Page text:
Coryphaei of science and champions of progress
From the very beginning, the NSADP enjoyed particular sympathy among students. In 1931, the National Socialists were supported by 60 per cent of German students, compared to around 30 per cent of the population as a whole. It was the universities that were the first arenas for the boycotts and anti-Semitic pogroms that later spread throughout the country. Often there were cases of students denouncing their professors for preaching views that were unscientific and deserving of condemnation. When staff purges later took place, it was the lecturers denounced by their students who were the first to lose their jobs.
Characteristically, the young delators emphasised that they were speaking on behalf of the victims, and for them the greatest victim was the German people, wronged by the humiliating Treaty of Versailles, the unjust war reparations, the loss of territories, the bloodthirsty plutocracy, or the behind-the-scenes activities of the Jews. In their view, this hard-pressed nation was further weakened by the unscientific views, opinions, and ideas of suspicious exponents, which had to be combated.
The juvenile informers confidently maintained that they were on the side of science. They believed that their claims about the superiority of the Aryan race were not based on any prejudice at all, but on irrefutably proven knowledge. They would have been outraged if they had been told that racism was an ideology and not science. Behind them stood the authority of a whole galaxy of famous professors from Germany’s most prestigious universities, who claimed that the science of race was based on biology, genetics, medicine, anthropology, and hygiene. Anyone who claimed otherwise was an obscurantist, rejecting modern scientific knowledge.
On the margins of a discussion about eugenics, which paved the way for genocide in the Third Reich, contemporary German historian Joachim Radkau writes: “But was not the ideological core of Nazism, the phantom of refining the Aryan race, extremely unscientific, even anti-scientific? However, we should not start from what we mean by science and scientism today. Eugenics, the science of improving the human genotype, enjoyed a high scientific reputation in the 1920s. And not only in Germany, but in many countries, and by no means only among supporters of the extreme right, but partly even on the political left. Nazi ideology apparently lay much further along the line of what was once considered scientific progress than was wanted to be acknowledged after 1945.”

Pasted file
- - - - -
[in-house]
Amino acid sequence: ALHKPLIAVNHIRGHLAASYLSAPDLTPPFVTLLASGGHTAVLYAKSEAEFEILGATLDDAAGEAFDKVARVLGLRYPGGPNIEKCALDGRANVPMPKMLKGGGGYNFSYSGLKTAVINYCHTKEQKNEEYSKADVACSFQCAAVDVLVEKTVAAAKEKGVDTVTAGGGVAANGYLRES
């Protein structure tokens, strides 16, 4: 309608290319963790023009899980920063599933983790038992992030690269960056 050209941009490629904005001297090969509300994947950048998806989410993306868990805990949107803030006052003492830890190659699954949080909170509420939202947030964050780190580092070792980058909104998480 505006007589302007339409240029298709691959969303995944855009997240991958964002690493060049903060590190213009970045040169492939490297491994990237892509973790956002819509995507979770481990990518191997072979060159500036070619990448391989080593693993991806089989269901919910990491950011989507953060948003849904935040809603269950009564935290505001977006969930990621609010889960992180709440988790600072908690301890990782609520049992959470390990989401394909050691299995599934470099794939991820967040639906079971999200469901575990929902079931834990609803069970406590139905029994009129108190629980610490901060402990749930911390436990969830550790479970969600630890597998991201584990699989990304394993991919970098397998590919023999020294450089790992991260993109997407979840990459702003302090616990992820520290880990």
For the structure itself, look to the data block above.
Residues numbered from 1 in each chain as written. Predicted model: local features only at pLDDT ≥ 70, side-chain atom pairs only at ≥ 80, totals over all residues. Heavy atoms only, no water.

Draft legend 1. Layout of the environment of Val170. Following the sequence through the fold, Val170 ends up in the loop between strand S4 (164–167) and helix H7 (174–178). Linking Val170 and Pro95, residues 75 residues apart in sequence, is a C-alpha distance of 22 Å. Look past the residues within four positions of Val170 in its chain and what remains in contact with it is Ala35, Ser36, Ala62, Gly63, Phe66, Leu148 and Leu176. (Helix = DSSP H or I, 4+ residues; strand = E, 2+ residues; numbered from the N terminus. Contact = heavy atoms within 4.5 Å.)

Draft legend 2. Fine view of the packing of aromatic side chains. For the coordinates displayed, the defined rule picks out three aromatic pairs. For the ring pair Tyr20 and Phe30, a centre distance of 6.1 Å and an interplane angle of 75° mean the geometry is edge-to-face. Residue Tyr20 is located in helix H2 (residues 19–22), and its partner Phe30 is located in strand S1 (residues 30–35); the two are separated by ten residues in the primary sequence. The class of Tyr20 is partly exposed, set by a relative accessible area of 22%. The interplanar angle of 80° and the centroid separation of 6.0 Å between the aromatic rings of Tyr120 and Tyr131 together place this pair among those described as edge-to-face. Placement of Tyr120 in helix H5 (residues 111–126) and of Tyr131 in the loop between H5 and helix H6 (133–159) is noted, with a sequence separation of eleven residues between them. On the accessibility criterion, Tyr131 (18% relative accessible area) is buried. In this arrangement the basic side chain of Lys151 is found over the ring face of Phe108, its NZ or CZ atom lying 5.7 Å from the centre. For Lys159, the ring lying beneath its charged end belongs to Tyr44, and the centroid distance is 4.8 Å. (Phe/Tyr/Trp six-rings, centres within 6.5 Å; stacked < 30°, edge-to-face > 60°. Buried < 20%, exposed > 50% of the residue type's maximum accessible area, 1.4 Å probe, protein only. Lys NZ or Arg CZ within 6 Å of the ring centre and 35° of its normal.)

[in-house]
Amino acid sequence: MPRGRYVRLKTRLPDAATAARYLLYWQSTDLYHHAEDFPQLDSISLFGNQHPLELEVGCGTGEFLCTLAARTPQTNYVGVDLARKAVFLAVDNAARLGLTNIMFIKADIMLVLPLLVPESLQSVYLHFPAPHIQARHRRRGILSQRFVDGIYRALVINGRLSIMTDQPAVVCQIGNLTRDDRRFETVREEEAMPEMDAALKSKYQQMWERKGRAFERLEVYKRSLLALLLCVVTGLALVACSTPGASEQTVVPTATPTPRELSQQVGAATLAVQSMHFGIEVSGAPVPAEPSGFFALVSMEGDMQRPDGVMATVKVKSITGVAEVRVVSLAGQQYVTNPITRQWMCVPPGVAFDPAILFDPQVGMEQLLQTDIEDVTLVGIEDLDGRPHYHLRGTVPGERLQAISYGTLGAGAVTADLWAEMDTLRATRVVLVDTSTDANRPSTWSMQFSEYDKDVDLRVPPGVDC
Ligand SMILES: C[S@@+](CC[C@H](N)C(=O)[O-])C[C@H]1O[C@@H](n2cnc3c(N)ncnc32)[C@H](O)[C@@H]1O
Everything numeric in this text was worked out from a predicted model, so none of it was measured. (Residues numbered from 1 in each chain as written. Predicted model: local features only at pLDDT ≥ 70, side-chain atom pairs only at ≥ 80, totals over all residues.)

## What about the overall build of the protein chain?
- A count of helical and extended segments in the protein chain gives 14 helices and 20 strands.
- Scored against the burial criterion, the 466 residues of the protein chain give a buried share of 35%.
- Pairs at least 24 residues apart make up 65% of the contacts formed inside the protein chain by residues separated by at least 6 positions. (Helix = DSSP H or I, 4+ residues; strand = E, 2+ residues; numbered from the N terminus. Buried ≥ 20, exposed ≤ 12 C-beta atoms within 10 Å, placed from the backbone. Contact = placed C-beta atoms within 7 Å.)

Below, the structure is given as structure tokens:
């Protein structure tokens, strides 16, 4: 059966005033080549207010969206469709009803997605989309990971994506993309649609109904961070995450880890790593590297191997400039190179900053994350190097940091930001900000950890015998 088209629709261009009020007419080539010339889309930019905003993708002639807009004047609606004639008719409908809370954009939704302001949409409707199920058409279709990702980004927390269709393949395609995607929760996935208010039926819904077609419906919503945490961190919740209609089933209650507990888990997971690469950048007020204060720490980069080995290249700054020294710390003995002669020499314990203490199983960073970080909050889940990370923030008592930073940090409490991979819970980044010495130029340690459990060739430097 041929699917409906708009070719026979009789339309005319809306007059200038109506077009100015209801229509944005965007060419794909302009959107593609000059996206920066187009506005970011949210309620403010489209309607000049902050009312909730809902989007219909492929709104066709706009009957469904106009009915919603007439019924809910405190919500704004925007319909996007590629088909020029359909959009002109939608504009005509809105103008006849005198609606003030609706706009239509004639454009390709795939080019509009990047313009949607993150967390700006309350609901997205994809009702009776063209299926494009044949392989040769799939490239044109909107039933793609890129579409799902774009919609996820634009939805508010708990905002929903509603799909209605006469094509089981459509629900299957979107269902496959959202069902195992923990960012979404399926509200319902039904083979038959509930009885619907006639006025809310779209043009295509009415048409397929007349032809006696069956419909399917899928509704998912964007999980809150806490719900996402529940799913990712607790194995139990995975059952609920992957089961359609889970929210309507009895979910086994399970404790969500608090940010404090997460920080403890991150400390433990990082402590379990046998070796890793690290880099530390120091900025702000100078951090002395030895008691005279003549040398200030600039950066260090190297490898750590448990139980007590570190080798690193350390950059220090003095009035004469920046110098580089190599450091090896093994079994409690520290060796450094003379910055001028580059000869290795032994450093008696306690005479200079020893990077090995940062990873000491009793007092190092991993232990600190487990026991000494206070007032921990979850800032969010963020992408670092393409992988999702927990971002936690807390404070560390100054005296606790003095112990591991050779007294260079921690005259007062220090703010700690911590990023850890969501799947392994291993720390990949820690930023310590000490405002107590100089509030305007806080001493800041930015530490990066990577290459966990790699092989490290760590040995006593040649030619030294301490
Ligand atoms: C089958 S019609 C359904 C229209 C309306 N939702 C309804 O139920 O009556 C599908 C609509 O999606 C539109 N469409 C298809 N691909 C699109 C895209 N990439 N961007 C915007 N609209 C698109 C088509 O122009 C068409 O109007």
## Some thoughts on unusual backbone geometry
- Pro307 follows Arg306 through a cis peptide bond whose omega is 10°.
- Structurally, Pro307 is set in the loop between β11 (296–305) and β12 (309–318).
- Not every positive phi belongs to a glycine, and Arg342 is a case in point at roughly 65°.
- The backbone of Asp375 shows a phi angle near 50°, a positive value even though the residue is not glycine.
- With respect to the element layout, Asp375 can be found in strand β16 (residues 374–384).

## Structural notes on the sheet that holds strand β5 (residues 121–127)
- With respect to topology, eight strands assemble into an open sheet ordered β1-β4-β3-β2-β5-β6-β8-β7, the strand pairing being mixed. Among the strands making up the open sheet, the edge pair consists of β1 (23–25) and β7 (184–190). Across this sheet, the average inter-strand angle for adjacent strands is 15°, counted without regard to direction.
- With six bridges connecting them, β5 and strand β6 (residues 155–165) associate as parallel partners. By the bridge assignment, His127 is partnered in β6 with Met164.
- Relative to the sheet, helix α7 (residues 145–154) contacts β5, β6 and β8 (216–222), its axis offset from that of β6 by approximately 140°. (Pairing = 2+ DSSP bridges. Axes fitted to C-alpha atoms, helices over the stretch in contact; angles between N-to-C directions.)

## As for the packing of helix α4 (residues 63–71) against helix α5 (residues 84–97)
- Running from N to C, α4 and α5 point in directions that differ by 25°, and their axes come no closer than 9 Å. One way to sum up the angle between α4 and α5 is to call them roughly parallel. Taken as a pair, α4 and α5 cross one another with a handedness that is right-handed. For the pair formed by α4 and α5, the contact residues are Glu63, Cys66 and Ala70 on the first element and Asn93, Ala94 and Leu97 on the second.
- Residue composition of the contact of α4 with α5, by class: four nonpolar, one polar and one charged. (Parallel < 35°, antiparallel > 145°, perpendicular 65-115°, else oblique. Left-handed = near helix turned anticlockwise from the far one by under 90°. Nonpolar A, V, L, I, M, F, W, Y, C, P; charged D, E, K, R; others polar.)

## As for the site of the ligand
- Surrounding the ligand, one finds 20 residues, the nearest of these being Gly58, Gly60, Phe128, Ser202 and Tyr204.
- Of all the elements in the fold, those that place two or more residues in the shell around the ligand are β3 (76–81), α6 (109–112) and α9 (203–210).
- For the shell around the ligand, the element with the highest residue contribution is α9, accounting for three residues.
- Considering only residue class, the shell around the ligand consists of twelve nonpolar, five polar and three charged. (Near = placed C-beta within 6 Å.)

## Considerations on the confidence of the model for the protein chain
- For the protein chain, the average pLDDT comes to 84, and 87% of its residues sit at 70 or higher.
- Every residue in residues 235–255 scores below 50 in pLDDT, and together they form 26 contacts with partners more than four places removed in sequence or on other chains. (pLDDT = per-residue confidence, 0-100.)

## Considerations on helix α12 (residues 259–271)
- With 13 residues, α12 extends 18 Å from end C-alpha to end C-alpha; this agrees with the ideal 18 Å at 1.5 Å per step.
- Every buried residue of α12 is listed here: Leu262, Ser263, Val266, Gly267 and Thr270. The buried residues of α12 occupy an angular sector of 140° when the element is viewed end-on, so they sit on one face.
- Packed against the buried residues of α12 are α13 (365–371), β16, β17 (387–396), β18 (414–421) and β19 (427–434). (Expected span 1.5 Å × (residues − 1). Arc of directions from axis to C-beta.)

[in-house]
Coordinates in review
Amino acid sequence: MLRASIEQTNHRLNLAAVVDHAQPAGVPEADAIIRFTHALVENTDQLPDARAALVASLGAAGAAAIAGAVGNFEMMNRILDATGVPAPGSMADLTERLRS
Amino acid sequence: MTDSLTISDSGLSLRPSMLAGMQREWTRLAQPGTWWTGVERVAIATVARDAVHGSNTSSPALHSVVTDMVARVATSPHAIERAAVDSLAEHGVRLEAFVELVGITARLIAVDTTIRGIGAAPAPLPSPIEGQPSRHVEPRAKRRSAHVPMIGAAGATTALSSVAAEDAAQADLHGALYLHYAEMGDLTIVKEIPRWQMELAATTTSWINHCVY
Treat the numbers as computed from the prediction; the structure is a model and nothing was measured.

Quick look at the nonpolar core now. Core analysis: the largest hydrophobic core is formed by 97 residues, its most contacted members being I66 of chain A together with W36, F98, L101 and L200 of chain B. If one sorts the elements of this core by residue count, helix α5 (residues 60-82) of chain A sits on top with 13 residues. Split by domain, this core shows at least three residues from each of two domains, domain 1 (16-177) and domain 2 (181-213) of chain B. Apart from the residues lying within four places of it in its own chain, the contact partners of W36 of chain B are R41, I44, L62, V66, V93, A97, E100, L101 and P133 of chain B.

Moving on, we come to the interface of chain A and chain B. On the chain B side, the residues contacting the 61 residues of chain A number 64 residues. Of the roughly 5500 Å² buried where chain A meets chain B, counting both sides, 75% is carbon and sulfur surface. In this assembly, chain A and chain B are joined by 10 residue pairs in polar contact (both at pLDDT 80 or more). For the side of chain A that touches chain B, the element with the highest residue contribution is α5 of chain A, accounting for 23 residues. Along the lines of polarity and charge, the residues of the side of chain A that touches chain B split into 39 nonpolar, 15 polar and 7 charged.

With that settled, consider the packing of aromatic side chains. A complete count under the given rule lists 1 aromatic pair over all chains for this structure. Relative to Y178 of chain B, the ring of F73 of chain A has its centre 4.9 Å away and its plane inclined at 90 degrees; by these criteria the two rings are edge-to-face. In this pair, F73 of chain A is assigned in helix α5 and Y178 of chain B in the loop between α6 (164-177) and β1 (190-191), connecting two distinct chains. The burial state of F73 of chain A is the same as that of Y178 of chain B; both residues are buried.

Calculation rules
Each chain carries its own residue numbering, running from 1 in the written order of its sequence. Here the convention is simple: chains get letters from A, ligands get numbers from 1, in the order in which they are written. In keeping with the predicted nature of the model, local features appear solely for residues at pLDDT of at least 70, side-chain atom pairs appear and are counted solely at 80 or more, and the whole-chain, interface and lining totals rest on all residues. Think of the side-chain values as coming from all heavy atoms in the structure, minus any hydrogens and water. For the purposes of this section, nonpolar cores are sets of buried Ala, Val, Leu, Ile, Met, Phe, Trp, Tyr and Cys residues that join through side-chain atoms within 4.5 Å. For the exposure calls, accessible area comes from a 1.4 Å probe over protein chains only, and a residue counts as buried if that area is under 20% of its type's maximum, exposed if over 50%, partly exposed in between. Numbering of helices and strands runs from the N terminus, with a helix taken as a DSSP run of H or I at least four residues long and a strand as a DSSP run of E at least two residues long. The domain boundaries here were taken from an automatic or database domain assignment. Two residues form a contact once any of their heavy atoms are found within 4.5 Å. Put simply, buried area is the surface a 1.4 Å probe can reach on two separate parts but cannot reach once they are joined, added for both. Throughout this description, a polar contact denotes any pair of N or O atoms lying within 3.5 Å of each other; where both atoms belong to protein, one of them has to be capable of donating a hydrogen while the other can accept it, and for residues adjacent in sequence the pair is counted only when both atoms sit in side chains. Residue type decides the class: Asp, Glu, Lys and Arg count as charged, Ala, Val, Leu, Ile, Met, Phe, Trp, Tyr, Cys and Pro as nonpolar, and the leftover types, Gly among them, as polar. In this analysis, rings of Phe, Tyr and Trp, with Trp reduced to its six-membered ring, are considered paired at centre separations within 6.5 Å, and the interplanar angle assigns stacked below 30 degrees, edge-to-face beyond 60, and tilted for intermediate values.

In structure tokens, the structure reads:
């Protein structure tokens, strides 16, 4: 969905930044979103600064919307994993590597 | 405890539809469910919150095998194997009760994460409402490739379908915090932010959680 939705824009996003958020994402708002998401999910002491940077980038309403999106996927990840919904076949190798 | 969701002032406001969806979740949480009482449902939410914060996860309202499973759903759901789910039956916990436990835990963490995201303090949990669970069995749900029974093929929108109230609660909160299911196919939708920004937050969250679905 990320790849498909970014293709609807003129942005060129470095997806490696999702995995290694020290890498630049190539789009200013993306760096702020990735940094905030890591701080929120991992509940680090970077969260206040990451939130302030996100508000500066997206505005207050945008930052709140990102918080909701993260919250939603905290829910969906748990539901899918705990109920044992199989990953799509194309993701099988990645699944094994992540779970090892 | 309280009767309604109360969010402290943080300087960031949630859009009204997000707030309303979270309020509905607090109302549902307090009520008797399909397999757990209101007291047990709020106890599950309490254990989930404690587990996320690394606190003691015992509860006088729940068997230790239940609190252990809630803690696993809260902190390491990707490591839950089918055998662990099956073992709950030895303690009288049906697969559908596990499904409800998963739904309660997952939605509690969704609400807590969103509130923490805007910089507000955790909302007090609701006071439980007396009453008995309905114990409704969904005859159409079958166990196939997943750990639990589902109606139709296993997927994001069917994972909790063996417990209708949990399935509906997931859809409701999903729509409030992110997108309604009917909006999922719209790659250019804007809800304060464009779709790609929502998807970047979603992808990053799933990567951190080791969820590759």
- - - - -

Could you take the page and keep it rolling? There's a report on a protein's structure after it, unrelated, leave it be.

This is confirmed by another Nazism scholar Rainer Zitelmann, who writes: “One of the constitutive elements of National Socialist ideology was Social Darwinism, understood as the consequent transfer of scientific (biological) knowledge to society”. In his view, the idea of creating a perfect human race based on the Nordic genotype had many supporters among respectable scientists, moralists, philanthropists, and socialists: “The ideas of 'breeding' pushed by representatives of racial hygiene were marked by an optimism growing out of a belief in progress. According to them, the progress of human phylogeny depended on society’s adoption of the principle of selection. Their ideas about the 'health of the nation' coincided with trends in medicine and psychiatry already outlined long before the rise of the Third Reich.”
For the Nazi students, these views were so self-evident that they did not even see the need to discuss them with lecturers who presented a different position. Instead of debating the arguments, they demanded the punishment of iniquitous professors. Interestingly, in the case of eugenics, the main opponents of the proponents of racial hygiene were not at all left-wing and liberal humanitarians, who also positioned themselves in the “progress camp”, but the backward followers of Christian ethics, insisting on the sanctity and inviolability of human life.